By Marnita Coleman,
Special to the AFRO
It all started in 1991, when a group of community members believed a learning center was needed to help revitalize the Sandtown-Winchester neighborhood. Building on Sandtown Habitat for Humanity formed two years prior, the dedicated group of supporters, led by founders Susan Tibbels and her late husband, Allan M. Tibbels, established the New Song Community Learning Center, a non-profit educational program for the community.
The vision expanded in 1994 with the opening of New Song Academy, a community-based school, now listed among the 31 public charter schools in Baltimore City.
Hidden in plain sight at 1530 Presstman Street, New Song Academy, a charter school within the Baltimore City Public School System, is proud to call West Baltimore home. The school offers year-round education from pre-K-8. The almost 30-year-old school has 174 students, 34 faculty with a 12-1 student-teacher ratio. There are a total of eight after-school programs including creative and performing arts, math tutoring, robotics, Girl Scouts and basketball for boys and girls.
The Academy and Learning Center have received rave reviews. “Academically, the school is top notch in my opinion to be a city charter school,” Dachielle Pittman, the parent of a second-grade, honor-roll student and football player, said. “The different programs, partners, and educators are really passionate about providing opportunities to the kids.”
She added that its success starts at the top, noting that Principal Douglas Fireside is “amazing, very hands on, supportive, and keeps a watchful eye on my son.” Pittman describes how Principal Fireside calls Pittman just to let her know how her son’s day is going. “He has been this way since the day I met him.”
Baltimore City Public Schools conducts parent school surveys to capture families’ perceptions of their schools, asking 27 questions across 9 dimensions, specifically safety, creativity and the arts, learning climate, physical environment, school resources, the administration, family involvement, overall satisfaction and grit. The New Song Academy parents rank their top five dimensions as: Grit-100 percent; physical environment-98 percent; school resources-96.8 percent; administration-96.2 percent; and overall satisfaction 94.5 percent.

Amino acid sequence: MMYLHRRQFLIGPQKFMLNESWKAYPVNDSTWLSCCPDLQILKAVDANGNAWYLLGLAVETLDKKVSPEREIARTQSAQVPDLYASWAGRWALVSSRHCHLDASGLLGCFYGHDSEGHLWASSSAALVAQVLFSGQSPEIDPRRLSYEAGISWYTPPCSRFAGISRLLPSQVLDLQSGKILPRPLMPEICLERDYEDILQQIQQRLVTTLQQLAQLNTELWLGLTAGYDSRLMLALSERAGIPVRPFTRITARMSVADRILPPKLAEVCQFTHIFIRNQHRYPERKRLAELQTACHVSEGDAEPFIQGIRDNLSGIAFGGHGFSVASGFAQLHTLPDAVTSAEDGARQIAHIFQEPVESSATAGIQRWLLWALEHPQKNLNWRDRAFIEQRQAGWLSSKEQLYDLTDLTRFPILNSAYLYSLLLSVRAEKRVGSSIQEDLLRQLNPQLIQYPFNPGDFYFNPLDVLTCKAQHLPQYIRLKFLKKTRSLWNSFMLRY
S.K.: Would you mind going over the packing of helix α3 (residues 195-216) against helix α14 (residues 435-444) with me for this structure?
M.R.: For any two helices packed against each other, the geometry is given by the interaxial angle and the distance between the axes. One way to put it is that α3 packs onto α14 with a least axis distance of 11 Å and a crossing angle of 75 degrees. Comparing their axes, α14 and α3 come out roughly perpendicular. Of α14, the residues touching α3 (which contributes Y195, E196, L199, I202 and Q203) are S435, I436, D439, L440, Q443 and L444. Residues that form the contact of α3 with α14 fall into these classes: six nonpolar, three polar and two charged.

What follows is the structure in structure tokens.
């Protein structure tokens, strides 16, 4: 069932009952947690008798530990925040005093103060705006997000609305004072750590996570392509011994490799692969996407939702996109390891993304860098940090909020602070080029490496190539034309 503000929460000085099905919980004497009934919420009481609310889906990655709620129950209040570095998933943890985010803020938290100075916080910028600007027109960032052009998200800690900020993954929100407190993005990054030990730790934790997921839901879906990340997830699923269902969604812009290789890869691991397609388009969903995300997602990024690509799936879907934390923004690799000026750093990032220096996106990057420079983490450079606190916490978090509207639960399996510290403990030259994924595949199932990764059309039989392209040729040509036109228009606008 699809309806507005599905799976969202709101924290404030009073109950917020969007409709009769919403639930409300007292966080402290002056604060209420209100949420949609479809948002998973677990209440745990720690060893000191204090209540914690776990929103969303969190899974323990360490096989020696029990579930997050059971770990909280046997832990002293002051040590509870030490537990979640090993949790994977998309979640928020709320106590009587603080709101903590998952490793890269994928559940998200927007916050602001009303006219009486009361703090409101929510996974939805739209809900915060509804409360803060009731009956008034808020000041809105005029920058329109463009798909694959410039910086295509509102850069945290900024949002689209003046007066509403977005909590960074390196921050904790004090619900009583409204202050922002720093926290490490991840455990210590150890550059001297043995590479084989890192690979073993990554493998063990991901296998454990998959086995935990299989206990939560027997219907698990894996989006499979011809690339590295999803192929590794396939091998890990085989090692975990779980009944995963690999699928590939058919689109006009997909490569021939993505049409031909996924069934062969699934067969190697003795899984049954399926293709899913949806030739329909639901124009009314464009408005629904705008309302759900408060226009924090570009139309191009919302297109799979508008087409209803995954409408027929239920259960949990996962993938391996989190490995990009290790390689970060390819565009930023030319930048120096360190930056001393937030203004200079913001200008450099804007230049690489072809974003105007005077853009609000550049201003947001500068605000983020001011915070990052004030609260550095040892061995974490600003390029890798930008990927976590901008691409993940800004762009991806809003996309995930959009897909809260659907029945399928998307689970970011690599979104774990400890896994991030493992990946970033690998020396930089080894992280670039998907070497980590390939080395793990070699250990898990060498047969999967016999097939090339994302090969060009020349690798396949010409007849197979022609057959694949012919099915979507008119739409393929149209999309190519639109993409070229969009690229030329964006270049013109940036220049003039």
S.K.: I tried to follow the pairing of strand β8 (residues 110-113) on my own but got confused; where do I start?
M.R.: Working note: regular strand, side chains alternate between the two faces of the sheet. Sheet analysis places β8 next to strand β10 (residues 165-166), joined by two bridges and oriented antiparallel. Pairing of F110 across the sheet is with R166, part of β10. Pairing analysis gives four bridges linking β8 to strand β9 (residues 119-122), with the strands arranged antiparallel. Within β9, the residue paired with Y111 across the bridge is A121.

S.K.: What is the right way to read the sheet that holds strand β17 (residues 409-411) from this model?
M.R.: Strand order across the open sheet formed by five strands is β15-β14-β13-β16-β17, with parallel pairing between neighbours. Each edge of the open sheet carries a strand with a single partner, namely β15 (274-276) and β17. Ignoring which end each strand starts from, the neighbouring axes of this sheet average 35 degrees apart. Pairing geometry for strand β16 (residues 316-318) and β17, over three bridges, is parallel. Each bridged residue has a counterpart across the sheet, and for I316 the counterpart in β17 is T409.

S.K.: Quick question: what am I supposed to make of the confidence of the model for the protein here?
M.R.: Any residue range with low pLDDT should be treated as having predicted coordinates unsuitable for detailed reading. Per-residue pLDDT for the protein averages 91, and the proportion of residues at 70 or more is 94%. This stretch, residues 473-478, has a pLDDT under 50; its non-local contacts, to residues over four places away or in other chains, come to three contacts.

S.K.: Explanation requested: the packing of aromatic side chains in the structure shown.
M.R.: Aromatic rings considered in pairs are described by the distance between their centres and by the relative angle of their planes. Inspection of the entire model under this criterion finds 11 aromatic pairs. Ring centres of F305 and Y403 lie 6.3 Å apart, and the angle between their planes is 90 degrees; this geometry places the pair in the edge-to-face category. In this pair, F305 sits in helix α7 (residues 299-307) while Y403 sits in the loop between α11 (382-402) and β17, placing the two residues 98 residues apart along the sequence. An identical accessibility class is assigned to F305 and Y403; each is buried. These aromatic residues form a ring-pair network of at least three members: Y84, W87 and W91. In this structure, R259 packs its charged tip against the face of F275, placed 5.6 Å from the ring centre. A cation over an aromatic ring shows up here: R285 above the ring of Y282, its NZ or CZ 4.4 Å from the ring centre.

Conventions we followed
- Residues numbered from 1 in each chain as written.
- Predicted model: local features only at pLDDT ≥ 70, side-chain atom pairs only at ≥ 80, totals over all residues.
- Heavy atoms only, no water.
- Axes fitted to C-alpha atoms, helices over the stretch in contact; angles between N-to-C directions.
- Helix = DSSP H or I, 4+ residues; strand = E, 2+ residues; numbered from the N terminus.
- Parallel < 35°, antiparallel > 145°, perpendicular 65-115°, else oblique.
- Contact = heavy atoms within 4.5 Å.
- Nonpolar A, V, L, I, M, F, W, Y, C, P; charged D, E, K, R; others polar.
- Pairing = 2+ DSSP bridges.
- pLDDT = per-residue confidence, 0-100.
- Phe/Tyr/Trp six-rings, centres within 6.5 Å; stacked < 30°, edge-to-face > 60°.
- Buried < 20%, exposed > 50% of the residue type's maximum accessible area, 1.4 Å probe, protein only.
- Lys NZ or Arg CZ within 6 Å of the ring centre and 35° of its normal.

While parents and students say they are “overall satisfied” with their New Song Academy experience, Jayson Jarual Green, executive director of New Song Community Learning Center, the operating arm of the school, noted that the Academy is still seeking to improve and extend its services. Funding is in place to implement a new reading program, he explained, which will “increase family engagement” in reading comprehension that ultimately “translates into better grades” for the students.
Rev. Rodney Hudson, pastor of Ames Memorial United Methodist Church in Sandtown, said Green’s planned, proactive academic approaches, continues the mission of the founders, and is “holistic” and “organic,” meeting the people where they are.
Well-informed about the accomplishments of the Tibbels — from forming Sandtown Habitat for Humanity to the opening of New Song Community Church, the parent institution of New Song Community Learning Center— Hudson confirmed the “huge impact” on the Sandtown-Winchester community.
In addition to learning, Hudson said, “They empower the children by providing out-of-state summer camps free of charge, taking them to places where the focus is leadership and character education.”
He continued: Character education is a “big thing,” especially in an “environment where there is a total breakdown of family values.” This has been a proponent of its training throughout the years with their students, Hudson said, recalling opportunities for parents to apply for homes through the Habitat for Humanity program as a byproduct of their children’s education. He also identified Rev. Michael A. Parker, II, pastor of Journey United Methodist Church in Prince George’s County, and a graduate of New Song Academy, as a great leader.
“New Song Academy is making long-term investments in the lives of families in Sandtown-Winchester,” Hudson said, “supporting students to become leaders in transforming their community.”
Parent Dachielle Pittman speaks of the Academy’s impact on her son, Jarius, noting the leadership skills he’s developing. She admits he’s a bit shy, but the New Song Academy faculty “is very involved with the students to get them to learn and try new things.”